on which its fate teetered. Some species were lost before policies and actions could protect them.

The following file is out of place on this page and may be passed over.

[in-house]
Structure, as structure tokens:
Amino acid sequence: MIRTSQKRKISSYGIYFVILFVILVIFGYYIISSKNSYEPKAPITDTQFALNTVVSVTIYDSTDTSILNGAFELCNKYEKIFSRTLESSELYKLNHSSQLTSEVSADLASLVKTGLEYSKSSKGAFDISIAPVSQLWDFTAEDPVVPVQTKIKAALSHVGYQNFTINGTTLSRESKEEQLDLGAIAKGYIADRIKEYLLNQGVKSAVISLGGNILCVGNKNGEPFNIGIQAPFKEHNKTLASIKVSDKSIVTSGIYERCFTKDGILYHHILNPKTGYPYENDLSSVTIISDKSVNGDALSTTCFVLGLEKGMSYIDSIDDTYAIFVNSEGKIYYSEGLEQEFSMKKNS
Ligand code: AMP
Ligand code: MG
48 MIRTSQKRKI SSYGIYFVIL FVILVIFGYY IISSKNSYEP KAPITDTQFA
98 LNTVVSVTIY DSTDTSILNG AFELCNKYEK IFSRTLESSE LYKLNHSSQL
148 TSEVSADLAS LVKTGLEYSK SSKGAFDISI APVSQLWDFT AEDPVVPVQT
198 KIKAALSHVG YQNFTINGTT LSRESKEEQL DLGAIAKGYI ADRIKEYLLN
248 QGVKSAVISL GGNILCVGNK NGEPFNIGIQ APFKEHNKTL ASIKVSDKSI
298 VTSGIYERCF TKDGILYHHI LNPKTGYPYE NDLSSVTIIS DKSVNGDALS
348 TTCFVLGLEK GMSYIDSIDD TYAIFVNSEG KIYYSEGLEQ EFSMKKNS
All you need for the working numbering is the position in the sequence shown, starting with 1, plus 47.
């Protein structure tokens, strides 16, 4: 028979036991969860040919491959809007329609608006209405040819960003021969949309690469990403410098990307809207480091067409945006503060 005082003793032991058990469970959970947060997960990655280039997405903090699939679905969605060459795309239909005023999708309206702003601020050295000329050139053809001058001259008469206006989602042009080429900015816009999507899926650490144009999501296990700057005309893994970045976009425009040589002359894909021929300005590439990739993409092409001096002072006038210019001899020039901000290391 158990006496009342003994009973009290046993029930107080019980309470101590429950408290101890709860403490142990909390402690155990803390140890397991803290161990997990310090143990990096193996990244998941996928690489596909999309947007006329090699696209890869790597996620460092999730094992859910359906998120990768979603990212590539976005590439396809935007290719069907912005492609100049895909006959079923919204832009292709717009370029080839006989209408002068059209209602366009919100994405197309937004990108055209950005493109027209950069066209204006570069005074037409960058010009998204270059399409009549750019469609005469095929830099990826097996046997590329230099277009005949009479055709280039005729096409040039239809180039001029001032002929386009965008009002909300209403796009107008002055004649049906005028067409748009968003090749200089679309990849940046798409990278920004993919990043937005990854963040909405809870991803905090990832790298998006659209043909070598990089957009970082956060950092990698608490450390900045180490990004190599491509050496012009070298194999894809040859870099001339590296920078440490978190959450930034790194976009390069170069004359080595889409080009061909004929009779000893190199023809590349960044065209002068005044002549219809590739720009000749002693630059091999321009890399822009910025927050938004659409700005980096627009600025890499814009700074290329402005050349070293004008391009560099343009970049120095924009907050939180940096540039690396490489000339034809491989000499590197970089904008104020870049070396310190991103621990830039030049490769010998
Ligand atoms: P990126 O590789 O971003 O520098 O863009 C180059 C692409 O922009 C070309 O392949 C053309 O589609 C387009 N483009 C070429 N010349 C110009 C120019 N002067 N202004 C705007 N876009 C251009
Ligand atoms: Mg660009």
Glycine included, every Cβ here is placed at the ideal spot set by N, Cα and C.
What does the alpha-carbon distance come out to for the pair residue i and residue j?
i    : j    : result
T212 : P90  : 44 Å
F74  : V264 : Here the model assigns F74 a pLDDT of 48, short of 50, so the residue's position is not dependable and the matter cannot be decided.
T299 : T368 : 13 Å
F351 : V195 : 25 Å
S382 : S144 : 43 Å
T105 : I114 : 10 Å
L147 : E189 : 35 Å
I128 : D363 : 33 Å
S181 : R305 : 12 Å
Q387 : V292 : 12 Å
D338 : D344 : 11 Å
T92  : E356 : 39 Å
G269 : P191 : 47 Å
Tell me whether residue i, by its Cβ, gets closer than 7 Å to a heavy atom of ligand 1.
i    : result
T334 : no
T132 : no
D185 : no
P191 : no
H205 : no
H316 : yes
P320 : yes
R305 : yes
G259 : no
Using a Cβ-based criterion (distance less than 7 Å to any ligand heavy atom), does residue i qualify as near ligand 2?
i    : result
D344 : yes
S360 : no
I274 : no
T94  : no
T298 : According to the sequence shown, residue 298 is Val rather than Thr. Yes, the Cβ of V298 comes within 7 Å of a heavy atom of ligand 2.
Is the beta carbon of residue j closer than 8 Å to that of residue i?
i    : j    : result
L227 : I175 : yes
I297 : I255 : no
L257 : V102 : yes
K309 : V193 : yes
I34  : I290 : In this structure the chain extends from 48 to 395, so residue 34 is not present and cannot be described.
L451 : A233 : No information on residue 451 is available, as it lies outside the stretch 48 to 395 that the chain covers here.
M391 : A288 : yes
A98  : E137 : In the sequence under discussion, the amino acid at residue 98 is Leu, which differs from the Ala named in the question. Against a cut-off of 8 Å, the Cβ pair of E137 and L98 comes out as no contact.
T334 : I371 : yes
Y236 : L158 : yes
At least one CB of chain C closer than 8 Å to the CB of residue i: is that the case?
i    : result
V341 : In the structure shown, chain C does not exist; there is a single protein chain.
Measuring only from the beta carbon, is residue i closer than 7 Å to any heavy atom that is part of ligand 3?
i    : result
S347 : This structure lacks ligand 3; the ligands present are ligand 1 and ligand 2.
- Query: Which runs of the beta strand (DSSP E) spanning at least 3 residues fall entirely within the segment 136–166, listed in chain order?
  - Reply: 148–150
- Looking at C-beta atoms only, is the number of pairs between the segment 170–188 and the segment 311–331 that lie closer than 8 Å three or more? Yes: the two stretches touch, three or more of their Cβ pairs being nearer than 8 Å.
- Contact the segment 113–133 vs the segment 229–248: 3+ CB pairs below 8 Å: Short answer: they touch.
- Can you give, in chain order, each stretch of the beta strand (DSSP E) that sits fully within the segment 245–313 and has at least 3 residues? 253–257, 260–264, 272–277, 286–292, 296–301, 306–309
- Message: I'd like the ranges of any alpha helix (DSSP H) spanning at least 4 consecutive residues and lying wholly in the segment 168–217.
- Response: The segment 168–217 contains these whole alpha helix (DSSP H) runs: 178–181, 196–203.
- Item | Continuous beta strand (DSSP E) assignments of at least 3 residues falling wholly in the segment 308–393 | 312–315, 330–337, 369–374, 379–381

As if to counterbalance this dismal past, another stage in evolution has come to pass in New Zealand. Human beings have become aware of their responsibility for the natural world and have decided to sacrifice time, treasure, development, and even some rights in order to restore their country to its paradisiacal past, at least as much as it is possible to do so. This is indeed a huge mutation in the human genome—one that appreciates the physical beauty of nature, the interconnectedness of all life on earth, and works to protect the earth rather than exploit it in every way possible. This mutation has helped New Zealand create a public policy that is already allowing recovery in plants and animals, bringing some threatened species back from the brink and supporting others that are still in danger. Today the NZ human being has evolved past most of his fellow humans in this area; he has become the steward of the earth rather than the exploiter, the restorer rather than the plunderer, and the sharer of earth’s blessings with all the life-forms he encounters rather than the selfish total consumer of every good thing. Now there’s an evolutionary change we could wish on all humanity!
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